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By Alexei Anpilogov, Moscow*

A unique icebreaker will create a new geopolitical reality for Russia.
Russia has large-scale plans in the Arctic – and the world’s most powerful nuclear icebreakers will ensure Russia’s presence in this crucial region. Three icebreakers of the LK-120YA Leader project will be built according to the strategy for the development of the Arctic zone until 2035 approved by the President of the Russian Federation. What is unique about this ship and what tasks will it solve?

A comprehensive document has been signed by Russian President Vladimir Putin whose title is “The Strategy for the development of the Arctic zone of the Russian Federation and ensuring national security for the period up to 2035”. The document describes the tasks which the country should implement in this region. They are related both to improving the quality of life of the local population, and to the development of the Arctic as such. The focus is on the extraction of hydrocarbons, security, and, most importantly, the transit role of the Northern Sea Route (in Russian Severniy Morskoi Put, SevMorPut).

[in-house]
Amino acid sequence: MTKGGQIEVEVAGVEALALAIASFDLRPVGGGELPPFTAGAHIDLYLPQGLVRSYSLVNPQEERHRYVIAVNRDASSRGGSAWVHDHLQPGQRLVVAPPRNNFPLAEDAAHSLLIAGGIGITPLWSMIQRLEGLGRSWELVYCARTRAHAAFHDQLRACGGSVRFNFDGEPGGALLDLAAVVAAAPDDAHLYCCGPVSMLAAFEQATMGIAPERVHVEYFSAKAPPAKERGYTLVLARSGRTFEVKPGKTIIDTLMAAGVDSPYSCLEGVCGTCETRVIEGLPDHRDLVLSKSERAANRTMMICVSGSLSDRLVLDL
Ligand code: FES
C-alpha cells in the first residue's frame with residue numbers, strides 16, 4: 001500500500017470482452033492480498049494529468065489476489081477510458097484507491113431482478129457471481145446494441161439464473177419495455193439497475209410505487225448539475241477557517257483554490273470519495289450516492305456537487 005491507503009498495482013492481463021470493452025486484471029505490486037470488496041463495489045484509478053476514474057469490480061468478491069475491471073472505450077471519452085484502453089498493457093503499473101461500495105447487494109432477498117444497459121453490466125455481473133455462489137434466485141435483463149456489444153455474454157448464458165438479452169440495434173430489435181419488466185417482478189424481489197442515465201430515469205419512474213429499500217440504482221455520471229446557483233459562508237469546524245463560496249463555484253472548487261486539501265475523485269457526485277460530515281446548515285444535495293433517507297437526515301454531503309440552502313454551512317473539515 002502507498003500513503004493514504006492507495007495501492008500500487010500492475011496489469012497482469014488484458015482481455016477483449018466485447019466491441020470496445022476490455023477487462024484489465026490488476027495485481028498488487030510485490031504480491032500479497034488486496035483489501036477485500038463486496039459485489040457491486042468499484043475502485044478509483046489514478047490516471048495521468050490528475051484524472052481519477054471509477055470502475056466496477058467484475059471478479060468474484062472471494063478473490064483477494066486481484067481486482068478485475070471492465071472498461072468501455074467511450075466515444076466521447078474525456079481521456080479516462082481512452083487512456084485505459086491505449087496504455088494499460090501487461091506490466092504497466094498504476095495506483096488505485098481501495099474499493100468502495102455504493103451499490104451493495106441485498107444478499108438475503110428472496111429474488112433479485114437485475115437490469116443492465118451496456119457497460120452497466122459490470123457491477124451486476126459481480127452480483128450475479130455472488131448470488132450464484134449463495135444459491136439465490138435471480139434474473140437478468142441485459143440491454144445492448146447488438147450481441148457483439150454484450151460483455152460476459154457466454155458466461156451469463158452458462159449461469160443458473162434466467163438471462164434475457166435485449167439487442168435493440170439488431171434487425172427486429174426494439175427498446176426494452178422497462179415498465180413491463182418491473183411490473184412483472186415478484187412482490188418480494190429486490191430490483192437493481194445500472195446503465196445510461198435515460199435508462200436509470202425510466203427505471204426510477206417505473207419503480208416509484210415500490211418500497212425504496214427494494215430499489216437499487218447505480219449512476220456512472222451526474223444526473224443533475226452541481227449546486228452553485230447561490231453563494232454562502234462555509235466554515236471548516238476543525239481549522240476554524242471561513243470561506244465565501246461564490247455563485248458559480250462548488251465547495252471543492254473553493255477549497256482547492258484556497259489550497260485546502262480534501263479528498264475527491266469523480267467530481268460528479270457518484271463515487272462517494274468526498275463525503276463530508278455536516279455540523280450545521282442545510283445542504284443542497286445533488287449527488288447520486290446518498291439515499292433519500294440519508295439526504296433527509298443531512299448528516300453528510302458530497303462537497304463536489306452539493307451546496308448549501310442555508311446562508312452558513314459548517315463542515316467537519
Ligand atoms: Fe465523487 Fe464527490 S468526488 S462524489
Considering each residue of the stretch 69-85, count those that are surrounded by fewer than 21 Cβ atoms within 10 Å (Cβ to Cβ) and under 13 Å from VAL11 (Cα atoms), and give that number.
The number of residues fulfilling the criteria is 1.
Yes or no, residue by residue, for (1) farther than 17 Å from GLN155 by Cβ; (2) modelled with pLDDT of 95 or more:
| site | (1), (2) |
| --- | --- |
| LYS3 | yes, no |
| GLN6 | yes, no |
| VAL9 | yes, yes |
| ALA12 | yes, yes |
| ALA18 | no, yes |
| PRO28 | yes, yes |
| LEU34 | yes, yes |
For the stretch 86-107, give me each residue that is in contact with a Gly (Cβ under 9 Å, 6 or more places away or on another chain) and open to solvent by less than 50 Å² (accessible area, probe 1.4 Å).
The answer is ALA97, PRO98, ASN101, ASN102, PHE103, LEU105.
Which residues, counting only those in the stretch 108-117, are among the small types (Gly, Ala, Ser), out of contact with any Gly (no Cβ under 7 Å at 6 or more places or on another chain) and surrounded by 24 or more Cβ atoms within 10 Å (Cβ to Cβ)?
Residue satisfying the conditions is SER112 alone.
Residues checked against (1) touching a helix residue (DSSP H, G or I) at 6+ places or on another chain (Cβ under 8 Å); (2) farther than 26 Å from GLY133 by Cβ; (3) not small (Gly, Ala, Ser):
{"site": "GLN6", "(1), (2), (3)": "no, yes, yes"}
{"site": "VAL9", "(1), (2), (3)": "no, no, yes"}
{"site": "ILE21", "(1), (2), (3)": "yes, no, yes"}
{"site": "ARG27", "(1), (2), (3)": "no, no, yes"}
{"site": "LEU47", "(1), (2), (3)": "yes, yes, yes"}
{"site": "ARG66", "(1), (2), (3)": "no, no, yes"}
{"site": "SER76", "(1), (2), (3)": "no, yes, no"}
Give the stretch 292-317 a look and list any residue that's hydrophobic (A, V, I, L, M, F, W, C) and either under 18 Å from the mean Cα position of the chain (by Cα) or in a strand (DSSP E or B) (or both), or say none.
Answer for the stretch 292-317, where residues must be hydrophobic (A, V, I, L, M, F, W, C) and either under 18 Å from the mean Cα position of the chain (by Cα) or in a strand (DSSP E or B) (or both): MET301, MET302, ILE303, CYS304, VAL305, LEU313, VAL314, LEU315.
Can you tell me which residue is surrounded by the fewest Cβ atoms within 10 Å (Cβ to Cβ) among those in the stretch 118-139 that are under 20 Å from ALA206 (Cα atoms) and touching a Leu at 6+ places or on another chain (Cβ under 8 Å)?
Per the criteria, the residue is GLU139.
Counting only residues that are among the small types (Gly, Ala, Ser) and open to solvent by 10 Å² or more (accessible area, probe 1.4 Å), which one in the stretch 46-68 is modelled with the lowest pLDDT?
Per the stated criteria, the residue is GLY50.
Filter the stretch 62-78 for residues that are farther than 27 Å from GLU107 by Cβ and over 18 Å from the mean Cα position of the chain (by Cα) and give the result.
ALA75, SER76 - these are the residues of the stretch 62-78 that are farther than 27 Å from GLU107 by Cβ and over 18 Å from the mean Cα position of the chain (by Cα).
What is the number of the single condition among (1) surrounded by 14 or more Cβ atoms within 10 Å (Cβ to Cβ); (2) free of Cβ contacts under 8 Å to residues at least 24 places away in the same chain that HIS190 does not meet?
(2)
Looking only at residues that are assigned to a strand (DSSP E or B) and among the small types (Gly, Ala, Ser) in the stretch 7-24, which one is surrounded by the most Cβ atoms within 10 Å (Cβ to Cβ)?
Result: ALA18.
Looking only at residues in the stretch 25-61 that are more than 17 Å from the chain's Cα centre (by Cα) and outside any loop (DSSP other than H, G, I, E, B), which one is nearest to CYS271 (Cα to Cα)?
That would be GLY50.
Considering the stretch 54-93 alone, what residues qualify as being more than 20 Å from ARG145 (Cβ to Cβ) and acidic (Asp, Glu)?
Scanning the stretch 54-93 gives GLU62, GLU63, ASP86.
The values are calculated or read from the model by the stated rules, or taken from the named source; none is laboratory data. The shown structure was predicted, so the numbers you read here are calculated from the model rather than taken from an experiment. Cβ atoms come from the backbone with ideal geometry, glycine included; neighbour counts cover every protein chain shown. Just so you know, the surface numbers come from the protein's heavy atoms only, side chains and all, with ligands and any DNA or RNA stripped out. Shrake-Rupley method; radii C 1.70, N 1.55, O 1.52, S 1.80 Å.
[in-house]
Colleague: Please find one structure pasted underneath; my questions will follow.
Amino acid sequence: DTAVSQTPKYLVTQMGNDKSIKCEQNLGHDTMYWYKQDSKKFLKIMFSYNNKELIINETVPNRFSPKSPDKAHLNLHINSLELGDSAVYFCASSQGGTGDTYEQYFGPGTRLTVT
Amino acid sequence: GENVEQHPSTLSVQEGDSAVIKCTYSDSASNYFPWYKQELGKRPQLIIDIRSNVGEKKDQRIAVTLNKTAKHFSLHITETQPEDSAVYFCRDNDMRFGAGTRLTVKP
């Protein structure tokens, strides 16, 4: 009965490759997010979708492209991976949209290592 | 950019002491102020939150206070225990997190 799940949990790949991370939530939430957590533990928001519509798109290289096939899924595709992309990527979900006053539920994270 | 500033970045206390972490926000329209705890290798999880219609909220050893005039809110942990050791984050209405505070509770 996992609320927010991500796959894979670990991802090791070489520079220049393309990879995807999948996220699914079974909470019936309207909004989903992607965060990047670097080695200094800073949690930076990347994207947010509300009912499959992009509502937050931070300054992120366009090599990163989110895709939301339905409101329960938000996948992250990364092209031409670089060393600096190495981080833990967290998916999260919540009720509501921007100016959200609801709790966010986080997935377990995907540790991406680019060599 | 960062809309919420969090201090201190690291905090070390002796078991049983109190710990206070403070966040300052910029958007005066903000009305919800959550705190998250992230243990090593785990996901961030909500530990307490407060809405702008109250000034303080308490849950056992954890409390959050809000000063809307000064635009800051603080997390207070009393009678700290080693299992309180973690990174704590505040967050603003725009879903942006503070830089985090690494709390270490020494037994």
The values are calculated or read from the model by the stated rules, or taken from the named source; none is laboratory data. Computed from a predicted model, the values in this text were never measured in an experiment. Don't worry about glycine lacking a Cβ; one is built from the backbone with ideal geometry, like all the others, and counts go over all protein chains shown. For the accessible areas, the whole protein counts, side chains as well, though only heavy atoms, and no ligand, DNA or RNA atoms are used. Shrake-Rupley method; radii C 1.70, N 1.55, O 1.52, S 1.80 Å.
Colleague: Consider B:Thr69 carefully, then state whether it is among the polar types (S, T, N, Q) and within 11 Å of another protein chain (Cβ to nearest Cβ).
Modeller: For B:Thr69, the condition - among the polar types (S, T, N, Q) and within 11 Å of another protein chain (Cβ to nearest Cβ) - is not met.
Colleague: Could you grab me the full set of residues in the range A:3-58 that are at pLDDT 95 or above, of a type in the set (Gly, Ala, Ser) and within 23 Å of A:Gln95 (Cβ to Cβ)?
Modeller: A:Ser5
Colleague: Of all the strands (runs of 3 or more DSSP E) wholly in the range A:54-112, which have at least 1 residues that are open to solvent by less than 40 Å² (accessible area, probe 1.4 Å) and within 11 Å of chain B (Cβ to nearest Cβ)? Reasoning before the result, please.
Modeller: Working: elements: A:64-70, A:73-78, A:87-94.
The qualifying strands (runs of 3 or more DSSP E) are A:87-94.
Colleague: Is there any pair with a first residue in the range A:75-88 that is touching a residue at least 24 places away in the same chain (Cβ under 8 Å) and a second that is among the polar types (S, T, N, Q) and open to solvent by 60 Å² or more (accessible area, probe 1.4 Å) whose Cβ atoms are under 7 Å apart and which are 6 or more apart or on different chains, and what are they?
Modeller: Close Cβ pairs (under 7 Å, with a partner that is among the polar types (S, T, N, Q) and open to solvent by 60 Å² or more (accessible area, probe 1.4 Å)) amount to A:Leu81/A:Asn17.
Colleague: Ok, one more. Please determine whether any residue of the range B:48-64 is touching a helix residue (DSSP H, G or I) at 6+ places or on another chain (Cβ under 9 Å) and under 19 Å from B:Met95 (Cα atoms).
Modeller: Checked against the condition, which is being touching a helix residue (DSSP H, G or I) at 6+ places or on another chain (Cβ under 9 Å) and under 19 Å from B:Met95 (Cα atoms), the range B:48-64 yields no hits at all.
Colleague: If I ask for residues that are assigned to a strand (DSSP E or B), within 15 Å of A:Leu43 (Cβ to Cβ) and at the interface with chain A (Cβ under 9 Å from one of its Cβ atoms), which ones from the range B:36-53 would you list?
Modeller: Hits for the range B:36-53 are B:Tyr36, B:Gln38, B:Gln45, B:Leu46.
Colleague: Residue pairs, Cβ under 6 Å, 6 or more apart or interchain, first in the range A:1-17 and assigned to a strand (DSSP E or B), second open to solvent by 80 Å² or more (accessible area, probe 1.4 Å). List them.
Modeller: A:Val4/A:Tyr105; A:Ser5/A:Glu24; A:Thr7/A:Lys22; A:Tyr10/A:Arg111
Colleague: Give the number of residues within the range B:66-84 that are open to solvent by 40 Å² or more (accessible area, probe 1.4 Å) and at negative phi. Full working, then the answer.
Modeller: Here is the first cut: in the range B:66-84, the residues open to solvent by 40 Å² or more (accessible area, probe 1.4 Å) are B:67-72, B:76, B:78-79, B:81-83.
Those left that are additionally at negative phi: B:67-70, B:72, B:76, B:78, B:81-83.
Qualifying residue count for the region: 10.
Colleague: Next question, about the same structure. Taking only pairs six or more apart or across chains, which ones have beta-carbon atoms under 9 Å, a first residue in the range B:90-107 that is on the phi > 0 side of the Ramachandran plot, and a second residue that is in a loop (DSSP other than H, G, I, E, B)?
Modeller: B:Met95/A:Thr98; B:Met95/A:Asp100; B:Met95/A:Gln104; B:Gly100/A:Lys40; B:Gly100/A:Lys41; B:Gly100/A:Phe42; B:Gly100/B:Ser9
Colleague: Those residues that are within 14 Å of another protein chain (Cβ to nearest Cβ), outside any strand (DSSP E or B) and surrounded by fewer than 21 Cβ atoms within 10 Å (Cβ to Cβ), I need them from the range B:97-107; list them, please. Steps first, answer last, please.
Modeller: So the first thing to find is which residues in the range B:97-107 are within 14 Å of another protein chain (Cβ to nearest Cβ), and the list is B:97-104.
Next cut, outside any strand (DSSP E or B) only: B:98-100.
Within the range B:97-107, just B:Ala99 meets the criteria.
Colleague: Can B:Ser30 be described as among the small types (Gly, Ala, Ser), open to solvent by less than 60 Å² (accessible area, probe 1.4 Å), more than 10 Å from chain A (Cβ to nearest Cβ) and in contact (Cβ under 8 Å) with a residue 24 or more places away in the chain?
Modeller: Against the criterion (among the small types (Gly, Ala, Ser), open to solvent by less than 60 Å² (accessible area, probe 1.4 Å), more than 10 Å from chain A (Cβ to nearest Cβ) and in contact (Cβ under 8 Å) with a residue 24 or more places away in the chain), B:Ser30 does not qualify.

All this should be provided by appropriate equipment, mainly icebreakers. The strategy provides for an extensive shipbuilding program, including the construction of three of the world’s most powerful icebreakers; this is known as the LK-120YA Leader project.

Why do we need nuclear icebreakers in the Arctic, and especially with such a large capacity – after all, the number “120” in the name of the LK-120YA means the power on the icebreaker’s shaft in megawatts (MW)?

The fact is that the main quality of any icebreaker directly depends on the power on the shaft – its ice penetration, the ability to break and push the ice to the sides. The old icebreakers of the Soviet project “Arctic”, of which only the two newest ones – “Yamal” and “50 Years of Victory” —  remain in service today, had a capacity of 55 MW.

The Russian Arctic-class nuclear-powered icebreaker “Yamal”, first commissioned in 1992.

The “50 Years of Victory” was first commissioned in 2007.   It has been operating tourist expeditions to the North Pole although this season’s cruise was cancelled because of Covid-19.  

The new icebreakers of the LK-60YA project, which are currently being completed in St. Petersburg, are already more powerful: they have as much as 60 MW “spinning” on the shaft.